Comparable sales (for stores open at least a year) rose 2.8% among the country's largest retailers, according to a tally by Thomson Reuters, which also found most merchants beat their own estimates. The majority of analysts had forecast sales would grow in the low-to-middle 2% to 3% range; Thomson Reuters had expected 2.1% growth.
Sales were "surprisingly good, better than I expected them to be," said Joel Alden a principal at consultant A.T. Kearney. He noted that September is the first month this year where the sales numbers are not getting the benefit to a weak performance the year before, like the results in 2009 got from the recession year of 2008.
Retailers Still Cautious
Despite the robust numbers, few retailers took the opportunity to raise their forecasts for their coming third-quarter earnings reports, as analysts had expected.
Macy's (M) which reported a solid 4.8% gain -- thanks to its best back-to-school season in years, according to a statement from CEO Terry Lundgren -- didn't budge. J.C. Penney (JCP), which posted a strong 5%, ahead of its own expectations after struggling early this year, only affirmed it will meet it previous forecast of 16 cents to 20 cents per share in earnings for the third quarter. One retailer that did raise its sights was TJX Cos. (TJX), the parent of discounters Marshalls and TJ Maxx; it now projects earnings of 89 cents to 91 cents per share during the third quarter, a 10% to 12% increase over last year period.
Comments from Kohl's (KSS), which saw comparable sales rise 3%, hint at the retailers' worries. The discounter reporter that while its transactions per store were up in the high single-digit percentages, prices and units per transaction dropped by low single-digit percentages. That hints at a consumer who remain cautious about spending, shopping more but buying -- and spending -- less per trip. Target Corp. (TGT), which posted a disappointing 1.3% sales increase, also found smaller average receipts offset rising store traffic.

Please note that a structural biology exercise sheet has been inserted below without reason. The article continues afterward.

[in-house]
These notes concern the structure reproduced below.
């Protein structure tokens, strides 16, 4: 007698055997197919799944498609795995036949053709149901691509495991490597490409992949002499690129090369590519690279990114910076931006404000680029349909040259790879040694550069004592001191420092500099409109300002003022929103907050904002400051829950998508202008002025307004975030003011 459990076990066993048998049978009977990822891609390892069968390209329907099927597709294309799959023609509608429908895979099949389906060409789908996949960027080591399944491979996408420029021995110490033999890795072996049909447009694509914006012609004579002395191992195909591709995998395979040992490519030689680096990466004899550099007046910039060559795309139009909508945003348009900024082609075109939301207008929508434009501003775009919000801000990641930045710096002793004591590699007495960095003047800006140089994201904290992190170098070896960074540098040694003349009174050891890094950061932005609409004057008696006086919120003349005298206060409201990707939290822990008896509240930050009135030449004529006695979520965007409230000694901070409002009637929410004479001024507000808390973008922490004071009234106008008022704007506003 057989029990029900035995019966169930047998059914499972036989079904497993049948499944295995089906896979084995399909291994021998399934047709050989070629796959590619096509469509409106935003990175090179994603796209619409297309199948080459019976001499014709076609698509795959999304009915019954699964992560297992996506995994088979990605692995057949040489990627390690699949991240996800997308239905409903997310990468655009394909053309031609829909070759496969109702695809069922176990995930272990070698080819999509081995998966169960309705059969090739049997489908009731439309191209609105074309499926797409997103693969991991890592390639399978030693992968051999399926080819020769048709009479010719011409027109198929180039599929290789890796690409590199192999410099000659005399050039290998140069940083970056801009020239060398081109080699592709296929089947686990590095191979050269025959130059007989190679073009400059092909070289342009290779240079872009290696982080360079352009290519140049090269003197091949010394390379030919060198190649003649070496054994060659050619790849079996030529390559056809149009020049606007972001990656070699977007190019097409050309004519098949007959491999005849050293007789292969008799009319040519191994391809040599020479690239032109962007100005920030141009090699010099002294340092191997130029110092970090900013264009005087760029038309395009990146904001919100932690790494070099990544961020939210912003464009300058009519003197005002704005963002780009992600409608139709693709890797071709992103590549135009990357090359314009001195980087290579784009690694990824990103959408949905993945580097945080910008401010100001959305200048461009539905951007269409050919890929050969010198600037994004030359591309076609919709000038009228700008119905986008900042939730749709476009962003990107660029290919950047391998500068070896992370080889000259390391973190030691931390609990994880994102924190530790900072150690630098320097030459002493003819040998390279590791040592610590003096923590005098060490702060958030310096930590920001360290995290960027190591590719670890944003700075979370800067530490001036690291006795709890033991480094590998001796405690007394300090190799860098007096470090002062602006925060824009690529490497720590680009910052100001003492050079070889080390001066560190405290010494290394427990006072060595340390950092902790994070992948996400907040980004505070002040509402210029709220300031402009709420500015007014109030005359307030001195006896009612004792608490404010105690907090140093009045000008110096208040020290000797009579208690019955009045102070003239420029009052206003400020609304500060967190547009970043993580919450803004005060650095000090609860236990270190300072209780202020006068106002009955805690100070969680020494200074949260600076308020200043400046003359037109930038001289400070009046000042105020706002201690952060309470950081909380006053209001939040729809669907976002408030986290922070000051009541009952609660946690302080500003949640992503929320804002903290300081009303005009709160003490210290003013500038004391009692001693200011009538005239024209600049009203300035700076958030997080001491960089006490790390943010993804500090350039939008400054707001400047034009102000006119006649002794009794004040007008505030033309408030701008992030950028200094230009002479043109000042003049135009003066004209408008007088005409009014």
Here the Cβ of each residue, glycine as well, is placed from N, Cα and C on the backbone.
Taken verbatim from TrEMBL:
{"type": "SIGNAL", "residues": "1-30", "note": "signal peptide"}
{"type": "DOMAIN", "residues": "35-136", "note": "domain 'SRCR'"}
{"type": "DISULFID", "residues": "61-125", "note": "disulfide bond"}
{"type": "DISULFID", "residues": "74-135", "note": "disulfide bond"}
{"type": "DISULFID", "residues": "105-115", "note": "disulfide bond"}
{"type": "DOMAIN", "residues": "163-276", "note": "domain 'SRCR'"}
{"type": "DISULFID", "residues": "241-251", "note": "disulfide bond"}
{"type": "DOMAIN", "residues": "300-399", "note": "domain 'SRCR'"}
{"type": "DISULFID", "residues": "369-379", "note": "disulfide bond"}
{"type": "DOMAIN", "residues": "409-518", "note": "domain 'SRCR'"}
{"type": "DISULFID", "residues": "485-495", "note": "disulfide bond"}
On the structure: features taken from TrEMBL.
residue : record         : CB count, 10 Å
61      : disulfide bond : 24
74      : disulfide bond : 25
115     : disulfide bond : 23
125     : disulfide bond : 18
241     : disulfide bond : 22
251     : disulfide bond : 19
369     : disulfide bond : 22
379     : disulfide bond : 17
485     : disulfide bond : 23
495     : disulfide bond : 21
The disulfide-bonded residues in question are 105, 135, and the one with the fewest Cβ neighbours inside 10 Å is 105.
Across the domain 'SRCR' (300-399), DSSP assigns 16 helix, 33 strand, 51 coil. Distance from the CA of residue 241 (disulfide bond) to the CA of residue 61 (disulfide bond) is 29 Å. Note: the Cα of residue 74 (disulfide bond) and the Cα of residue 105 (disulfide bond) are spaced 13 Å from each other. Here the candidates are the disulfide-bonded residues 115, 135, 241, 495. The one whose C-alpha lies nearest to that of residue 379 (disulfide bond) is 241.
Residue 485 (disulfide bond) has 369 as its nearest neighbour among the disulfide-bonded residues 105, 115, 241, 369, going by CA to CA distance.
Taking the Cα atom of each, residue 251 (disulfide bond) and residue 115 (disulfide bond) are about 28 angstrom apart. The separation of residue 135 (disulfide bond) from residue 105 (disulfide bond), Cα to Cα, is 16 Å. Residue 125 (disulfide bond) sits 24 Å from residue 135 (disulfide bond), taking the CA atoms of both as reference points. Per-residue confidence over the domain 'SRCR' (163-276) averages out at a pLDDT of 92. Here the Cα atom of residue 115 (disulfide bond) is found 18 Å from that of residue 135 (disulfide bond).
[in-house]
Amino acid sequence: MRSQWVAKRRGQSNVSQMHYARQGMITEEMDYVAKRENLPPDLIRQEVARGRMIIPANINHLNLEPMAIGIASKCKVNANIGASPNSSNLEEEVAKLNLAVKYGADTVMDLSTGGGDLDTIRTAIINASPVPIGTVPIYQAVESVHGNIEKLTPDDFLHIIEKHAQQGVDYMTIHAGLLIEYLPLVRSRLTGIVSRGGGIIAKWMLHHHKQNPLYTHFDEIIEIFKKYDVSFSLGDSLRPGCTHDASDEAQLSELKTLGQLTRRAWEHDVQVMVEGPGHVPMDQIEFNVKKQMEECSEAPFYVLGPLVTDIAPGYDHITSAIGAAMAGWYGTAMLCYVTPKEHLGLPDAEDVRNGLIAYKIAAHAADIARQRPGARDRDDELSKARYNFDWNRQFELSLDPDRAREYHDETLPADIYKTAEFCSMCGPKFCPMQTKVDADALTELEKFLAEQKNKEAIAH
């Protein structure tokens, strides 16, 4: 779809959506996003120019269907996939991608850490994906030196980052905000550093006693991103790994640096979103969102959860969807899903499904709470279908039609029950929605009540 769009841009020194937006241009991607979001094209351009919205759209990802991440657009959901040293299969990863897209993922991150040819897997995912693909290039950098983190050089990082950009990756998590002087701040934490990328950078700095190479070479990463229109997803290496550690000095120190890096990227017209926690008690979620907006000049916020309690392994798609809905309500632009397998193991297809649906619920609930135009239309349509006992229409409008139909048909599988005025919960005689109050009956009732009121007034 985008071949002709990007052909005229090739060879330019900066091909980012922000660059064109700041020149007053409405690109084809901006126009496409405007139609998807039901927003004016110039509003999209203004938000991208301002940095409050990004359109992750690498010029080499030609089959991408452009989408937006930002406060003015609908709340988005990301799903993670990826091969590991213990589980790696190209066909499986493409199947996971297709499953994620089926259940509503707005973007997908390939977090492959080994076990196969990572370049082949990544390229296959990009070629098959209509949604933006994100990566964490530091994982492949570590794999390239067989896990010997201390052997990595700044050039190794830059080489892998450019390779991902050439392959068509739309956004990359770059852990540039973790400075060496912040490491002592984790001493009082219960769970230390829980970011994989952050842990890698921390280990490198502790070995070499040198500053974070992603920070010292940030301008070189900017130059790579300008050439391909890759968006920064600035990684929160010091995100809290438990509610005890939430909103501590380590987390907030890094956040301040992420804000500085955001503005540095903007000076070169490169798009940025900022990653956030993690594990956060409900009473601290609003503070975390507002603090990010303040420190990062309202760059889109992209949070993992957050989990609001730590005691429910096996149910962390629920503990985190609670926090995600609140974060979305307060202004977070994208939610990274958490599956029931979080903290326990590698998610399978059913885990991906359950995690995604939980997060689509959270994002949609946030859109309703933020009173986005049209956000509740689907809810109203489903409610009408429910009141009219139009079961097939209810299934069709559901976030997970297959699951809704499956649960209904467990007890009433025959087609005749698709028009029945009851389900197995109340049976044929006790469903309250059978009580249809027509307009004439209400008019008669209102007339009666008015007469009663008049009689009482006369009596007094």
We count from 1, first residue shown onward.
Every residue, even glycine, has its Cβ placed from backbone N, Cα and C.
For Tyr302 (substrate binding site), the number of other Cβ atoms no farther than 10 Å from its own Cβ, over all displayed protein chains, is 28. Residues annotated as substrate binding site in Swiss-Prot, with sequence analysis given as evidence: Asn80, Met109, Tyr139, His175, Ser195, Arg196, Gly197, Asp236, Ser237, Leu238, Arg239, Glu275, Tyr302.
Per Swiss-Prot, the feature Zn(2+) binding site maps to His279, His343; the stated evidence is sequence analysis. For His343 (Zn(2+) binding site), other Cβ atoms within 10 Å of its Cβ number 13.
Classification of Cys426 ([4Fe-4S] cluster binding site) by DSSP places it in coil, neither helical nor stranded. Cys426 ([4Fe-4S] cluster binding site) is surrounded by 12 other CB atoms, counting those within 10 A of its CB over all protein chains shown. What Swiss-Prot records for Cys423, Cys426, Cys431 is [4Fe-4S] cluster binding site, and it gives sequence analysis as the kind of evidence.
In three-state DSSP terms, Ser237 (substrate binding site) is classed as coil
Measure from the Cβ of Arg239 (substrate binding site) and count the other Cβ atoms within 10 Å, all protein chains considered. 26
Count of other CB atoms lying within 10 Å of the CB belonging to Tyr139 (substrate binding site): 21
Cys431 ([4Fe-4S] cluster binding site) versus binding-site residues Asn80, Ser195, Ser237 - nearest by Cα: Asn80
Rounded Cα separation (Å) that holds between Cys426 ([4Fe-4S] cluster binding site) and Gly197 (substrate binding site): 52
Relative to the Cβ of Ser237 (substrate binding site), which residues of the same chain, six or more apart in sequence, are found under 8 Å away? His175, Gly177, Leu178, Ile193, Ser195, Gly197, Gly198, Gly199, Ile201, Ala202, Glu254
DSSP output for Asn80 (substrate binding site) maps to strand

The fact that sales have been up and down this year and influenced by retailer's promotions can be making retailers more cautious about their guidance, said Kenneth Stumphauzer, retail analyst at Sterne Agee. But the results were pleasing overall, despite some concerns about bad weather and excess inventory going into September, he said.
In fact, sales have been rising against a grim backdrop of weak housing and credit markets and continued high unemployment. Stumphauzer noted consumer confidence is lower than it ever was since the 2002 recession, near the nadir of the 1991 recession.
"It's improved from the bottom, but it's still at absolutely horrific levels," he said. So the fact that merchants are still managing to stimulate shoppers and post rising sales is a positive for the holiday season, he said.
The Wealthy Abide
A tally from the International Council of Shopping Centers noted luxury was the strongest retail segment this month, with a 6.6% increase, another good sign for holiday. Chief Economist Michael Niemira pointed out the top 20% of households by income account for nearly 40% of total holiday spending, so a continued strong performance in that area is encouraging for the economy and the merchants.
"Some of those macroeconomic factors require cautious optimism towards Black Friday and the holiday," said Alden. "I'm seeing a decent holiday going forward, but I don't think we can be overly optimist."
The recession may be over, but those macro factors are still holding consumers back, said Stumphauzer, who's expecting a modestly healthy 2% to 3% sales growth during the holiday season.
"It's not what you'd like to see this far in an economic recovery," he said. "But given the backdrop we've seen in the last few months, it's a positive,"